From The Quincy Morning Whig, March 6, 1897
Mrs. Harriet Cleveland, widow of the late Isaac Cleveland, died at Barry on Wednesday. She was born in Connecticut and was married about twenty-six years ago. Mrs. Cleveland was a resident of this county for many years, but recently made her home in Barry. She was the successful superintendent of the M. E. Sunday school, and her wide circle of friends will sincerely mourn her death. She leaves on daughter, Mary, and two sons, Charles, of Payson, and Edwin, of this city. The interment was in Shiloh Cemetery, east of Payson.
From The Quincy Morning Whig, March 12, 1897
Died at Golden
Henry M. Flesner, aged 81 years, died in Golden last Wednesday morning after a short sickness. Deceased was born in Shlowenfilin, Hanover, March 1816. He came to this country and was married to Mrs. Ikke Buss, widow of John Buss, one of the pioneer Germans of the locality, January 2, 1875. Funeral Thursday at 2 P.M.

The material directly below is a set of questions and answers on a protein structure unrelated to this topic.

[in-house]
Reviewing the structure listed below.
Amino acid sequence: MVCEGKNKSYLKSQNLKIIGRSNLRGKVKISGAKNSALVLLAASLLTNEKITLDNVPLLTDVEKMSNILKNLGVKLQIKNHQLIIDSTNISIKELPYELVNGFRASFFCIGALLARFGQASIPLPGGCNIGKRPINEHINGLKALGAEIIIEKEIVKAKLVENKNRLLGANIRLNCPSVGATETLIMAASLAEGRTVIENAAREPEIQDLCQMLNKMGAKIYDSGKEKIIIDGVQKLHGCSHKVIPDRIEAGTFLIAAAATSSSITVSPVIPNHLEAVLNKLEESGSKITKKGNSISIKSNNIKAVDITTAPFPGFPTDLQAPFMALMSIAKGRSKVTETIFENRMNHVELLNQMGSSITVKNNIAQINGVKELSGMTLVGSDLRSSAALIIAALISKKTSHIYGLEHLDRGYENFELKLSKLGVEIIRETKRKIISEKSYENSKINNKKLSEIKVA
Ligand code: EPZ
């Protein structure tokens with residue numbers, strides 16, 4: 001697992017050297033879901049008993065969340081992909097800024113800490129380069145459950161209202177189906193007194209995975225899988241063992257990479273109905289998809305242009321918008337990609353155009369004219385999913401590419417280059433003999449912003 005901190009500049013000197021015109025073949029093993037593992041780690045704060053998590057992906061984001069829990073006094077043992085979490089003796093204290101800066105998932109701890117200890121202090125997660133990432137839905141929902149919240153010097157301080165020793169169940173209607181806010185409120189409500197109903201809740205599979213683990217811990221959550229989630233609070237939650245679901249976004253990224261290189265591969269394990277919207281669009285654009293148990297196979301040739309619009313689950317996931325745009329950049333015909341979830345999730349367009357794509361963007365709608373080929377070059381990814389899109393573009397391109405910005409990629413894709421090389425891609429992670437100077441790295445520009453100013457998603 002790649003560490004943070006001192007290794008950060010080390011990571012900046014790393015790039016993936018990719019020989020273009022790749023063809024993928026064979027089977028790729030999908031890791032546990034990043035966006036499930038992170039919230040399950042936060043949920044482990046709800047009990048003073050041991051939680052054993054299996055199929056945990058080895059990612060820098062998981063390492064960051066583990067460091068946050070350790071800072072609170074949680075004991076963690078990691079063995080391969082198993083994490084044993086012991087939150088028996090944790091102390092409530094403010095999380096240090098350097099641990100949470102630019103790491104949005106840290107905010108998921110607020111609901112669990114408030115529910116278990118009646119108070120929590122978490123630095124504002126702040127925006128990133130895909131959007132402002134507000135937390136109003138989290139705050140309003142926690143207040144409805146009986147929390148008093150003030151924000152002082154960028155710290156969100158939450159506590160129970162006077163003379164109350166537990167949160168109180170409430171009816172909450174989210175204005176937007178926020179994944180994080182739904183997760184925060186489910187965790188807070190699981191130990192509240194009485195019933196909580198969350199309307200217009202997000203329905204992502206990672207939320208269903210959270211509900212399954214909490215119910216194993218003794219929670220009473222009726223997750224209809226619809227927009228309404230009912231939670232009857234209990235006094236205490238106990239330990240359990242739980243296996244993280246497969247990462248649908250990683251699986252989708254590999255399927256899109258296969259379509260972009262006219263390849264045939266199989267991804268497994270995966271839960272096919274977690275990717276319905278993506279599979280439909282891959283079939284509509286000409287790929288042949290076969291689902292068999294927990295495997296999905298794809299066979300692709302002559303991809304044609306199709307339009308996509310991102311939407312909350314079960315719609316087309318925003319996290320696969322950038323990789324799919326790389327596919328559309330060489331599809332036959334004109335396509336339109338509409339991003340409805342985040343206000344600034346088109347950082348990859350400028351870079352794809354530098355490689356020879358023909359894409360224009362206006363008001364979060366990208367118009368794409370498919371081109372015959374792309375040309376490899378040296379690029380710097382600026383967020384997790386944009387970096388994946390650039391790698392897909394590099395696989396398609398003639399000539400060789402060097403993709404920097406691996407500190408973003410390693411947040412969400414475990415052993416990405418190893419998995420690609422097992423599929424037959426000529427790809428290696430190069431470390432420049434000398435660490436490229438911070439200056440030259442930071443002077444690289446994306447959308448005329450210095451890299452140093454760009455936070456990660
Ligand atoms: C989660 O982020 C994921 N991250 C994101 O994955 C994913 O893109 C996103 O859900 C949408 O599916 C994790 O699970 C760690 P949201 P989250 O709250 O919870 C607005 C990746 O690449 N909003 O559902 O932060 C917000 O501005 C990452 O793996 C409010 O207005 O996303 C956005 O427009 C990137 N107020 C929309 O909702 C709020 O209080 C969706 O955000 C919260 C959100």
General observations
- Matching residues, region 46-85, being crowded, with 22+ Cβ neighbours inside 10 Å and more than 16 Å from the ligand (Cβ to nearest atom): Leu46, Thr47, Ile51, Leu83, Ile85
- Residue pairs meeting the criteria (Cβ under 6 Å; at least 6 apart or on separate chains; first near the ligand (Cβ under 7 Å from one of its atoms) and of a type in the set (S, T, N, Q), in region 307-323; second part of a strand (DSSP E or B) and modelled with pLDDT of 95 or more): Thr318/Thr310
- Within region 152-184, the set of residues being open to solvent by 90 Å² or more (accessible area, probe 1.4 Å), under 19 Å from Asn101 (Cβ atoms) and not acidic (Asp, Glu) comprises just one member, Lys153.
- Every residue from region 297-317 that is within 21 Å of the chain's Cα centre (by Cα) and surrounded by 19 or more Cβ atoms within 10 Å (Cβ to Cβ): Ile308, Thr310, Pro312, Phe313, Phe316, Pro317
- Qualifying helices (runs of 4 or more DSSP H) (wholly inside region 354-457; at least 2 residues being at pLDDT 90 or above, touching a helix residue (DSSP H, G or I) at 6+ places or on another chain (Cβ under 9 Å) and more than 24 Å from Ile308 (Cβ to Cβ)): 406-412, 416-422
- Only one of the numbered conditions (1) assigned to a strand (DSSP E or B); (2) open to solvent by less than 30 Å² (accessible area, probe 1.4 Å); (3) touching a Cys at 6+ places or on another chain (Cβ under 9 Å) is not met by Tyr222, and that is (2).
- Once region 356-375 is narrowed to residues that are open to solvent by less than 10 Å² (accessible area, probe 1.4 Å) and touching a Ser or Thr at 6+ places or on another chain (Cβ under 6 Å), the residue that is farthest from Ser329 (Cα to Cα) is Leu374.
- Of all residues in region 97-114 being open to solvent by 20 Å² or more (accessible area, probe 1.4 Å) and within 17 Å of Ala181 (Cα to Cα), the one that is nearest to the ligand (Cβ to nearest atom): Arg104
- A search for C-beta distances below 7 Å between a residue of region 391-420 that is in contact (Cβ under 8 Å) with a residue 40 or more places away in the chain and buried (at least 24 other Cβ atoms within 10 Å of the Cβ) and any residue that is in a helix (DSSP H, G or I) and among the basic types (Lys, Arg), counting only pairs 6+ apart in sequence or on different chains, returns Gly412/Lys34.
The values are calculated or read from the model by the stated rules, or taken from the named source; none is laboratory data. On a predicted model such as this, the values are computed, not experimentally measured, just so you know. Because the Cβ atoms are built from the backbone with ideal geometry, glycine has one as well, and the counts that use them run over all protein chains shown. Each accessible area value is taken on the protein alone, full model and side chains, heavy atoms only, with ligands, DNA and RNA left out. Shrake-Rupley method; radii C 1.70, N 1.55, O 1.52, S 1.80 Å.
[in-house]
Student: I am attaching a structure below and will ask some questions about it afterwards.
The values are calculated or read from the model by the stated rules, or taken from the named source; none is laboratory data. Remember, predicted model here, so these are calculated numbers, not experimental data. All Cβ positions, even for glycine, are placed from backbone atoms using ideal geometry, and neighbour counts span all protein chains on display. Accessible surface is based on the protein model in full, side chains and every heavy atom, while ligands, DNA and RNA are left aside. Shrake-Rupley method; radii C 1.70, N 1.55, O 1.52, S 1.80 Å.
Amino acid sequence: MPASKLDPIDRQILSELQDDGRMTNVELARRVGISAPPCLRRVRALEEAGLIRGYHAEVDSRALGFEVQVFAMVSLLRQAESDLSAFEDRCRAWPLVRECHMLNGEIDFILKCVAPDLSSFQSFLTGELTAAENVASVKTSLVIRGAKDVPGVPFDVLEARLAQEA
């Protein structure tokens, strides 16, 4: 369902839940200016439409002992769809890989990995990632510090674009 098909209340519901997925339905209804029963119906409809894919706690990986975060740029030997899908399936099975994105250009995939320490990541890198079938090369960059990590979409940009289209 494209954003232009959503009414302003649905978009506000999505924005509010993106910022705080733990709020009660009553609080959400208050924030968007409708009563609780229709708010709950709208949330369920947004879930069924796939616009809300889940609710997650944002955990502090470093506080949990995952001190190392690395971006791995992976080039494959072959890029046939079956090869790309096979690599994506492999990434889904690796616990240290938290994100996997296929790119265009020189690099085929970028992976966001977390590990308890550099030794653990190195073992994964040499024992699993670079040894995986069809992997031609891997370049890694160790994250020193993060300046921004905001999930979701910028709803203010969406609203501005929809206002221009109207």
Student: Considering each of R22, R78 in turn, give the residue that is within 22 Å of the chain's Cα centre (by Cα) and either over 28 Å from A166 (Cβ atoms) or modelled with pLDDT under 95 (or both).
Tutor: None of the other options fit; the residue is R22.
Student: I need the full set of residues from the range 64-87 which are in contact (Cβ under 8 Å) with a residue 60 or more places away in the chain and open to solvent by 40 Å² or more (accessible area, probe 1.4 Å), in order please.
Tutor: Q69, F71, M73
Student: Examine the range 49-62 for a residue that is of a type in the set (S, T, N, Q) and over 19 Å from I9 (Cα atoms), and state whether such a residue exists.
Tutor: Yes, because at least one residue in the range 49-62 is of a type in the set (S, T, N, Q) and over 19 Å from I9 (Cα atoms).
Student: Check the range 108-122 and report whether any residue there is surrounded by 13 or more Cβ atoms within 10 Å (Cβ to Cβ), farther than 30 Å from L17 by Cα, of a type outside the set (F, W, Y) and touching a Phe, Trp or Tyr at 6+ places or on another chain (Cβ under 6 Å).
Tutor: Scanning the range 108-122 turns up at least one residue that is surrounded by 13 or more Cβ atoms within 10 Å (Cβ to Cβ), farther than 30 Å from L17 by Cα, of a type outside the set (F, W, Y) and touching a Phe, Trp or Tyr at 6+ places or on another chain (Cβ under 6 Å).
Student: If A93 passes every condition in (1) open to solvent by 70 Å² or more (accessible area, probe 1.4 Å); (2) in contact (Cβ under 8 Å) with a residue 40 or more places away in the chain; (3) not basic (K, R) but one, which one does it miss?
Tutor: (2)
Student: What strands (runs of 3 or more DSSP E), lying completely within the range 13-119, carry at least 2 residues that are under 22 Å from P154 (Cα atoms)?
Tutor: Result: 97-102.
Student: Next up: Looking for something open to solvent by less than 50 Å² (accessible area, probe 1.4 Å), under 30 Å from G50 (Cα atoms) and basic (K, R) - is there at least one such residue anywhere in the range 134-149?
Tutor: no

From The Quincy Morning Whig, March 18, 1897
Wedding At Fall Creek
Marriage of David J. Blossom, of Payson and Miss Kate Hughes
A quiet home wedding took place at the home of Capt. and Mrs. M. W. Hughes, at Fall Creek, on Tuesday, the marriage of their daughter, Kate, to David J. Blossom, of Payson township. The ceremony was performed by the Rev. Mr. Kiplinger, of the M. E. church at Payson, in the presence of a company of 125 friends of the contracting parties. This is the happy union of two prominent families of the county. The groom is a prosperous and successful young farmer, universally respected by all who know him. The bride is an accomplished lady, highly educated and possessing every womanly quality to the highest degree. Friends in Quincy and throughout the county will extend hearty congratulations to the bride and groom.
From The Quincy Morning Whig, March 24, 1897
Mrs. Riddle Is Sane
There was an inquisition in the county court yesterday into the sanity of Mrs. Sarah Riddle of Mendon, and there were a raft of witnesses in the case. Mrs. Riddle is said to have acted queerly at times, but lots of people do that, and the jury, after hearing all that was said of her, decided that she was not insane. There was also a petition for the appointment of a conservator.